When I was growing up, my dad would always keep one thing in the back of his car: a hefty roll of duct tape. His explanation for this funny practice was simple that nearly all problems could be fixed, or at least subdued, through the utilization of this universal tool. While it admittedly did seem to work for a car (I once saw him tape a bumper into place while on route to a repair shop), the theory of duct tape fixing everything should not extend into many other areas of the DIY world. Home plumbing for instance, is not the place for quick solutions, especially when many issues that arise are easily fixable with only the most basic of skills. This article will feature multiple step-by-step guides on how to fix -- without duct tape-- everyday plumbing mishaps.
De-clog a Trap
When a sink gets clogged, tensions can run high. Declogging a trap is often thought to be a laborious and messy job, but even to the lamest of plumbers it is an easy job to accomplish. Here is a brief tutorial on declogging a sink trap.
What you’ll need:
Step 1 - Locate the trap. The trap to a sink tends to be located directly below it in the shape of an “S” or “U.” After placing a bucket underneath to catch any mess associated with the job, simply unscrew the pipe free from its parent.
Step 2 - Letting the excess waste fall into your well-placed bucket, examine the trap. Is there a large amount of material inside? Are their parts that must be replaced in the piping itself? Clear the trap using your tools (tooth brush/coat hanger) and replace it to its spot when appropriate.
You tend not to notice it until you are cozy and warm in bed, but the piercing "drip, drip" from a leaking facet can be a real annoyance to your peace and quiet. As the solution to this plumbing problem is a bit more involved than a first-time plumber would imagine, the issue tends to go unchallenged for months at a time. Despite what one would think, the solution to a leaky faucet is often found in the inner workings of the handles, not the faucet itself, and there is a simple solution to stop the drip for good.
What you’ll need:
Step 1 - Turn off the water! As there is nothing worse than attempting to unscrew a pipe filled with water, it is always advised to begin a plumbing project with the main water supply turned off.
Step 2 - What a lot of non-plumbers don't know is that a faucet handle is actually held on by nothing more than a discreetly placed screw. In most homes, this means that under a flat decorative surface on the top or back of the knob is a small latch for one to pry off with a screwdriver, revealing the screw below. Undo this screw and peer inside for a potential cause for the leak.
Step 3 - If all appears well to this point, the next step is to replace the washer and o-ring inside of the knob itself, in the order in which the handle was disassembled.
Step 4 - Put your faucet handles back together and turn on the water. The reason a leaking faucet is so common is that the washer, o-rings, and many frequently used parts of the appliance get worn down and loose their effectiveness with time. This simple replacement will fix the majority of such cases.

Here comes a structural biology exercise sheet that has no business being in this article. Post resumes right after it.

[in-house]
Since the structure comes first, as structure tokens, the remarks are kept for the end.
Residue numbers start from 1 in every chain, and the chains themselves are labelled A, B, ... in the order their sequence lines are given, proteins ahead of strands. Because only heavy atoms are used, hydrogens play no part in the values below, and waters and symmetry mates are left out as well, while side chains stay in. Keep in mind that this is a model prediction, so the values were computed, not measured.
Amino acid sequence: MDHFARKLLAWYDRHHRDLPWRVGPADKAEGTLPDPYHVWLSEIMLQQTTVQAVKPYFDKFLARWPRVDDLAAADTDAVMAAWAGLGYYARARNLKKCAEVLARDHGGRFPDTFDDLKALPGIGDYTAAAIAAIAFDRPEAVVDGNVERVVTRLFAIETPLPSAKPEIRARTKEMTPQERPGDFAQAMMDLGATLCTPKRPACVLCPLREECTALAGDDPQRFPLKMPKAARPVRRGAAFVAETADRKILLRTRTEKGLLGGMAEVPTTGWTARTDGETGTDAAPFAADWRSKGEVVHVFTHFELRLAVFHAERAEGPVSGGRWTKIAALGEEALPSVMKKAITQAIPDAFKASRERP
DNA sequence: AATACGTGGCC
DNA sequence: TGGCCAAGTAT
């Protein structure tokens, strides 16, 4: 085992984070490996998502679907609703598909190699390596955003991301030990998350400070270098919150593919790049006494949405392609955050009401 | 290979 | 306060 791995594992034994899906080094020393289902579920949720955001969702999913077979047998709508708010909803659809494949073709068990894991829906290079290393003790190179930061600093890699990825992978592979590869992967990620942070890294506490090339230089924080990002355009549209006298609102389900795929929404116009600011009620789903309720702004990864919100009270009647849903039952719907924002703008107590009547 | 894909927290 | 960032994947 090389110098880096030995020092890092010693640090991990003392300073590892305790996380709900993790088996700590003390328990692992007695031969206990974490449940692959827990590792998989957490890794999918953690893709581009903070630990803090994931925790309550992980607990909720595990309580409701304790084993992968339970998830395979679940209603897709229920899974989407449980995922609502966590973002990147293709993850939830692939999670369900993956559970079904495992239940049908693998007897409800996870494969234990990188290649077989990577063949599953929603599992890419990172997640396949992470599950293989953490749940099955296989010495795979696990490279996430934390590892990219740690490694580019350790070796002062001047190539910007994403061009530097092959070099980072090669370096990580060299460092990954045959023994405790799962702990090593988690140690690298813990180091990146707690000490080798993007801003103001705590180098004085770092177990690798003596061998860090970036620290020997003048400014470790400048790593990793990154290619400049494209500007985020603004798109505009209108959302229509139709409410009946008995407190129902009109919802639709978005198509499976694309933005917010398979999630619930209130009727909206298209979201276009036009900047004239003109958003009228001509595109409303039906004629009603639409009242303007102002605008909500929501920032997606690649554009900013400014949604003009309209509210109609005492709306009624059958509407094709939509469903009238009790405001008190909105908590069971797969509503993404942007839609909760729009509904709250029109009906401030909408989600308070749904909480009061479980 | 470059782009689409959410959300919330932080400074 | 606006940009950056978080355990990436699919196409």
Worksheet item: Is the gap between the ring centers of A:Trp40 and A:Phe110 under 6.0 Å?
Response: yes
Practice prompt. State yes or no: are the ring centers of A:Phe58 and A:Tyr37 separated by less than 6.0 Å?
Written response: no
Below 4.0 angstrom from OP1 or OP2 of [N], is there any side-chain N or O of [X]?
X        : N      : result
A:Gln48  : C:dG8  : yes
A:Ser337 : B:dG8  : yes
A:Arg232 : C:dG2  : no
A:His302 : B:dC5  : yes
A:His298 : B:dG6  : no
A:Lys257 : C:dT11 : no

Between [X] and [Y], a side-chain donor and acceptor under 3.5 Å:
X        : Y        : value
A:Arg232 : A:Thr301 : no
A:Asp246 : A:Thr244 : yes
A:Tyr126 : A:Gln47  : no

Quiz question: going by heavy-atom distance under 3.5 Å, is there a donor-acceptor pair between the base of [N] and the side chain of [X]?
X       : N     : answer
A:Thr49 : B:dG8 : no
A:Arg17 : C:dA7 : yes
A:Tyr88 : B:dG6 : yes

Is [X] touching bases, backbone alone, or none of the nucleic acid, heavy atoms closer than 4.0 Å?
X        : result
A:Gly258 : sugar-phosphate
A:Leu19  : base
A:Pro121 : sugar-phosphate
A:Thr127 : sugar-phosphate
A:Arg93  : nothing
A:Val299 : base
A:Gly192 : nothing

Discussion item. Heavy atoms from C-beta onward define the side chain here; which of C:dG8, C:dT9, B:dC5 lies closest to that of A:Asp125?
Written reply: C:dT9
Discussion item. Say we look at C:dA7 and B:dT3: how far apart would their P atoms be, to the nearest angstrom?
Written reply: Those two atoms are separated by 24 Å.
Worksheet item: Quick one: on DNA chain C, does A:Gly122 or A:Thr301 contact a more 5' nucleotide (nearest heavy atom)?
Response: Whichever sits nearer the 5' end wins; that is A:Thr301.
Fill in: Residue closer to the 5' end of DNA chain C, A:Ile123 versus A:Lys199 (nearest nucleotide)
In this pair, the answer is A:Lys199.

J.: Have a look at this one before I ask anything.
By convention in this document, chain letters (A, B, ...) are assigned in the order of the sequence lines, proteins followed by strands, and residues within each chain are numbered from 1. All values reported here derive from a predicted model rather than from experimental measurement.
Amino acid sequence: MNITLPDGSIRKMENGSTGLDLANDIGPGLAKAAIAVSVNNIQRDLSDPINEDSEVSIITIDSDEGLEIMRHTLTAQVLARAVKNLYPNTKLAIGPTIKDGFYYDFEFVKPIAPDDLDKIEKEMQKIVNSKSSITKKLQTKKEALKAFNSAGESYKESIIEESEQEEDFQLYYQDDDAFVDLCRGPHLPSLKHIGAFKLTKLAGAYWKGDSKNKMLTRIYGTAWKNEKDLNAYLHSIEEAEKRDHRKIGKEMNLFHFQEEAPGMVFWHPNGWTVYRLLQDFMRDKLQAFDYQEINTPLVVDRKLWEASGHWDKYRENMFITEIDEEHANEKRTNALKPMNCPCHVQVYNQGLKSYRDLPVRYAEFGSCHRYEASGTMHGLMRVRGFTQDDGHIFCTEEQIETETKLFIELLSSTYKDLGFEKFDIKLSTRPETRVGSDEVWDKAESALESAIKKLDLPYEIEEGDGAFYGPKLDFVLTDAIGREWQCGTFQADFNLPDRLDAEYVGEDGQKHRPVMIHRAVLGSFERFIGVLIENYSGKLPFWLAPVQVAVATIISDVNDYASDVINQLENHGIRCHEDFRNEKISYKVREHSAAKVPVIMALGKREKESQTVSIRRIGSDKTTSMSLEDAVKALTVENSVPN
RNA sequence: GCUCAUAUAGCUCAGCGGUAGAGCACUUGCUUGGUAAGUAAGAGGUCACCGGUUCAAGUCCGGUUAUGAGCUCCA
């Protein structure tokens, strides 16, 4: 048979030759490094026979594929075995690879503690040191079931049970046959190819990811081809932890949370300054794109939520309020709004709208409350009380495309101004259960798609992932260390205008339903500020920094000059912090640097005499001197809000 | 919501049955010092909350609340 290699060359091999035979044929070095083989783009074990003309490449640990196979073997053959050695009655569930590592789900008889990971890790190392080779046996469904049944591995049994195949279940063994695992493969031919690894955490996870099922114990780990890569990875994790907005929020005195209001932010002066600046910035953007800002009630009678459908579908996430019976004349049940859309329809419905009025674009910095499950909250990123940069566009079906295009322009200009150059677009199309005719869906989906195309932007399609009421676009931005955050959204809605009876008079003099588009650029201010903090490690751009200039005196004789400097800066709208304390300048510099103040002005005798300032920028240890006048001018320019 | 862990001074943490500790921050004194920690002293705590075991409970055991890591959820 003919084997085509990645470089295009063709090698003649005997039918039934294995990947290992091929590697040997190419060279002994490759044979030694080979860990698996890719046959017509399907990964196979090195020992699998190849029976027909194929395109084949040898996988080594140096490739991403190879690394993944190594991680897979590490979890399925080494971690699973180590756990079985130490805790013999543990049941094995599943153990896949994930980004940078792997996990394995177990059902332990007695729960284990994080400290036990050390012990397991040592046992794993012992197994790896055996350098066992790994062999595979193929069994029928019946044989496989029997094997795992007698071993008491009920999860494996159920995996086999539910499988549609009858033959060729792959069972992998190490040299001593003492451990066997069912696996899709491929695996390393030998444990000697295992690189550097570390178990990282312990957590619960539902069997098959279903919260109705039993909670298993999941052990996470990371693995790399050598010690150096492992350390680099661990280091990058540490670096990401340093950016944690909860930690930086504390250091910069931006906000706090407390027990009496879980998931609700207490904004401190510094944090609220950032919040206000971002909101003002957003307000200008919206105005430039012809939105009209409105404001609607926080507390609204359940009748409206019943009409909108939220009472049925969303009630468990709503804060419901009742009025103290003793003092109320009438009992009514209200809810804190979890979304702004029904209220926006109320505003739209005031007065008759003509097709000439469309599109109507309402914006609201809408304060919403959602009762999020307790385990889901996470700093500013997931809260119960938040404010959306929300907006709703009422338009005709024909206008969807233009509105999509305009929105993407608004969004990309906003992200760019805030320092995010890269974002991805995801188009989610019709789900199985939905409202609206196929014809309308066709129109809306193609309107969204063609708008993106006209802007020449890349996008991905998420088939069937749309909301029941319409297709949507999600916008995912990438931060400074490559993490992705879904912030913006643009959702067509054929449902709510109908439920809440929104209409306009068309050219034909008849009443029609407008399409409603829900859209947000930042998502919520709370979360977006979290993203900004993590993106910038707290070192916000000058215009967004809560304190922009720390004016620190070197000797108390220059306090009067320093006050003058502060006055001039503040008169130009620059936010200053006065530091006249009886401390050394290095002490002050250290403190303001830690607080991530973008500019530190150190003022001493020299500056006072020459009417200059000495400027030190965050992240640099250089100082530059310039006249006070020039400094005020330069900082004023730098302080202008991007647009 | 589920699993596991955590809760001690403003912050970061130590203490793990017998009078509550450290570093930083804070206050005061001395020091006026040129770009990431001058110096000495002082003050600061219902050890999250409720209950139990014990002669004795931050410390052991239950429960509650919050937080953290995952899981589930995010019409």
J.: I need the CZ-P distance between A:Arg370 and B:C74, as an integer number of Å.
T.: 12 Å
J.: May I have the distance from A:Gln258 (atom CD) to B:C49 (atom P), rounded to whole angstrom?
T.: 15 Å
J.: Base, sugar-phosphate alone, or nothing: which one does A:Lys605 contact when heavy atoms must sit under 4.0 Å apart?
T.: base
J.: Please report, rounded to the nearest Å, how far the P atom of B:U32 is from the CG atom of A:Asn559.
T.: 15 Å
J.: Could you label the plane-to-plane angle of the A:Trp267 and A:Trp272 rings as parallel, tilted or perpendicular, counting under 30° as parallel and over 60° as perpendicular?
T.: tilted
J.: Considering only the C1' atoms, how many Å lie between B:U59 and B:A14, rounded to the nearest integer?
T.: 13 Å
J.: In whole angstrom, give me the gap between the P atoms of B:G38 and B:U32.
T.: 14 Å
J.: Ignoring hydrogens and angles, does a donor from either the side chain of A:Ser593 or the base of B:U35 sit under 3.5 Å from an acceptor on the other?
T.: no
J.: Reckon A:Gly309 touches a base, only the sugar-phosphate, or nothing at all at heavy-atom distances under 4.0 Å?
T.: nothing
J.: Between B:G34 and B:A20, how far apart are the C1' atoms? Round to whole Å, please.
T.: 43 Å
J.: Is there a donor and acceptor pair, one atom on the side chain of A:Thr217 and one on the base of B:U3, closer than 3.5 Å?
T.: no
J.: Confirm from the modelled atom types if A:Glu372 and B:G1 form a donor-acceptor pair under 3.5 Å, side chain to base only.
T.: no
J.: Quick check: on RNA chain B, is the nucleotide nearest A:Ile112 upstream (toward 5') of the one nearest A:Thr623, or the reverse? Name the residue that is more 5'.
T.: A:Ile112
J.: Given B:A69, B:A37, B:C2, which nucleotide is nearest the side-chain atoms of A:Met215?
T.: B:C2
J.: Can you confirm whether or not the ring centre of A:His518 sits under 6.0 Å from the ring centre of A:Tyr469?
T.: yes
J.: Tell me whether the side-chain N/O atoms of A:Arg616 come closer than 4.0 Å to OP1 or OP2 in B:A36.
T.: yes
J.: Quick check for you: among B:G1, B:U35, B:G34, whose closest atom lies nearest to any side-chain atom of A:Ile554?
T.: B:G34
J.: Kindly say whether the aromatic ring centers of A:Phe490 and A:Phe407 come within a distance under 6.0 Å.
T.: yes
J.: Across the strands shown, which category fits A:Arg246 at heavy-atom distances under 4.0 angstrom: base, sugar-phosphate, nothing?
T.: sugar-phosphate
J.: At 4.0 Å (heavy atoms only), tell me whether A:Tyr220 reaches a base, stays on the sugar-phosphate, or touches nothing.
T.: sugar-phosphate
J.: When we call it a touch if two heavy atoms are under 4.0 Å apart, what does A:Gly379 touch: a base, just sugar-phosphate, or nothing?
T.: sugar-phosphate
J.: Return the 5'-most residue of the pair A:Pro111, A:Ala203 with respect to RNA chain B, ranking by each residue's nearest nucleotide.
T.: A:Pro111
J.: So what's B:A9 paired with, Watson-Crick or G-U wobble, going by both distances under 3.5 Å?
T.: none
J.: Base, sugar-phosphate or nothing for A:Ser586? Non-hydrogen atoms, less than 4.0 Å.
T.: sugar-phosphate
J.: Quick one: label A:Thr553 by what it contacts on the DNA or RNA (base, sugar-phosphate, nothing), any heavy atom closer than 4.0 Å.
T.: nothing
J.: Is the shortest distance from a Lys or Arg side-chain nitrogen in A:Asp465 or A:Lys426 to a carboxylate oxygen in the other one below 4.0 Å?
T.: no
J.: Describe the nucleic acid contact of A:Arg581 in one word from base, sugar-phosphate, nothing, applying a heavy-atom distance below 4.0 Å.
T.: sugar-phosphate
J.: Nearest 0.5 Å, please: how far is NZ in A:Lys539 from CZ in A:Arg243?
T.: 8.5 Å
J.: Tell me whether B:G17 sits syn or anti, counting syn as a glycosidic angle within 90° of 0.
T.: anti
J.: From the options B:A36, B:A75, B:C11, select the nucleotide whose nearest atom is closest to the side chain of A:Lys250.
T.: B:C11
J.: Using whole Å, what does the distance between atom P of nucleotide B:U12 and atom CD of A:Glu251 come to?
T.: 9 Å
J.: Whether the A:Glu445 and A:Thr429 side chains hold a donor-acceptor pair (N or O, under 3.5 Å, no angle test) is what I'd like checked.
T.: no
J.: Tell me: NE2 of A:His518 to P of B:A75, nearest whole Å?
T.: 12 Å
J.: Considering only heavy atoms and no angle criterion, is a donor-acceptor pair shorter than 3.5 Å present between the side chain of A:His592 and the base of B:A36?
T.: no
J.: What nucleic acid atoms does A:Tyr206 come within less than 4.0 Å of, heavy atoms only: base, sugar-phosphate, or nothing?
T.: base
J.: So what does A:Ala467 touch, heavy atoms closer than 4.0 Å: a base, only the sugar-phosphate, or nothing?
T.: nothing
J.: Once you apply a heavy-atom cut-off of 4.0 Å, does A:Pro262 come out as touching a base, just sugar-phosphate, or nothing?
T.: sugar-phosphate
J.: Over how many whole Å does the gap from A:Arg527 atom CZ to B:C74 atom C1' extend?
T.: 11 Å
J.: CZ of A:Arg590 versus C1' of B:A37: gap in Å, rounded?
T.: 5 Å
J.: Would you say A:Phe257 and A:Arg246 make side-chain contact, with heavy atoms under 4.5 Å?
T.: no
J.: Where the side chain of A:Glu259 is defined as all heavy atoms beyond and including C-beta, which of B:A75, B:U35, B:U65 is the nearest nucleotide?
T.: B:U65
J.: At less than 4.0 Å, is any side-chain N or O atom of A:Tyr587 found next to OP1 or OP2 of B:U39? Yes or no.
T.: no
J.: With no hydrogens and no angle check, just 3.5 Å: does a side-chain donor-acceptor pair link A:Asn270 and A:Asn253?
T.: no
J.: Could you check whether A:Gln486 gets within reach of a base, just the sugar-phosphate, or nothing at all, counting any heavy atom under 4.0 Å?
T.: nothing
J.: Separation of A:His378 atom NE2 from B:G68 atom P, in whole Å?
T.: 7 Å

Stop a Running Toilet
In the place my family and I stay for the summer, the toilet is notorious for running long beyond its use. In addition to the added noise and mess associated with the happening, there is money lost in added utilities, and a large amount of needlessly wasted water. Thankfully, this final plumbing fix is a perfect one to mend the problem.
Step 1 - When you see a toilet working overtime and fear it may overrun its bowl, immediately take the top off the back of toilet’s water tank.
Step 2 - Looking into the tank of the toilet, one will notice a fill valve. It may take many shapes -- sometimes the valve is a ball, other times a cone -- but it floats on the water’s surface, making it unable to miss. Grab this valve and pull it upward, diverting the water otherwise dedicated to filling the bowl. This will immediately stop it from running and overflowing.
Replace a Leaking Shower Head
When a showerhead is not spraying correctly, an otherwise lovely bathing experience can be ruined. There are many approaches to fixing the problem, some of which involve cleaning the head repeatedly with distilled vinegar. Yet in some cases, the grime is simply too much to be fought, leaving the appliance beyond repair. If that is the case, there is only one thing that can be done to fix the trouble -- replacing the system entirely.
What you’ll need:
Step 1 - As always, turn off the home’s water before beginning all plumbing related work.
Step 2 - With one hand on the head of the shower, take an adjustable wrench and attempt to turn the joint holding the old shower head in place in a counterclockwise motion.
Step 3 - Examine the remaining shower arm for rust or evidence of wear. If such tarnish is present it must be addressed before a new shower head can be installed.
Step 4 - Attach a new shower head by turning the joint, this time in a clockwise direction.
Step 5 - Test your installation by turning the water on, looking for leaks. Should some be present, simply adjust the tightness of the joint, again using your adjustable wrench.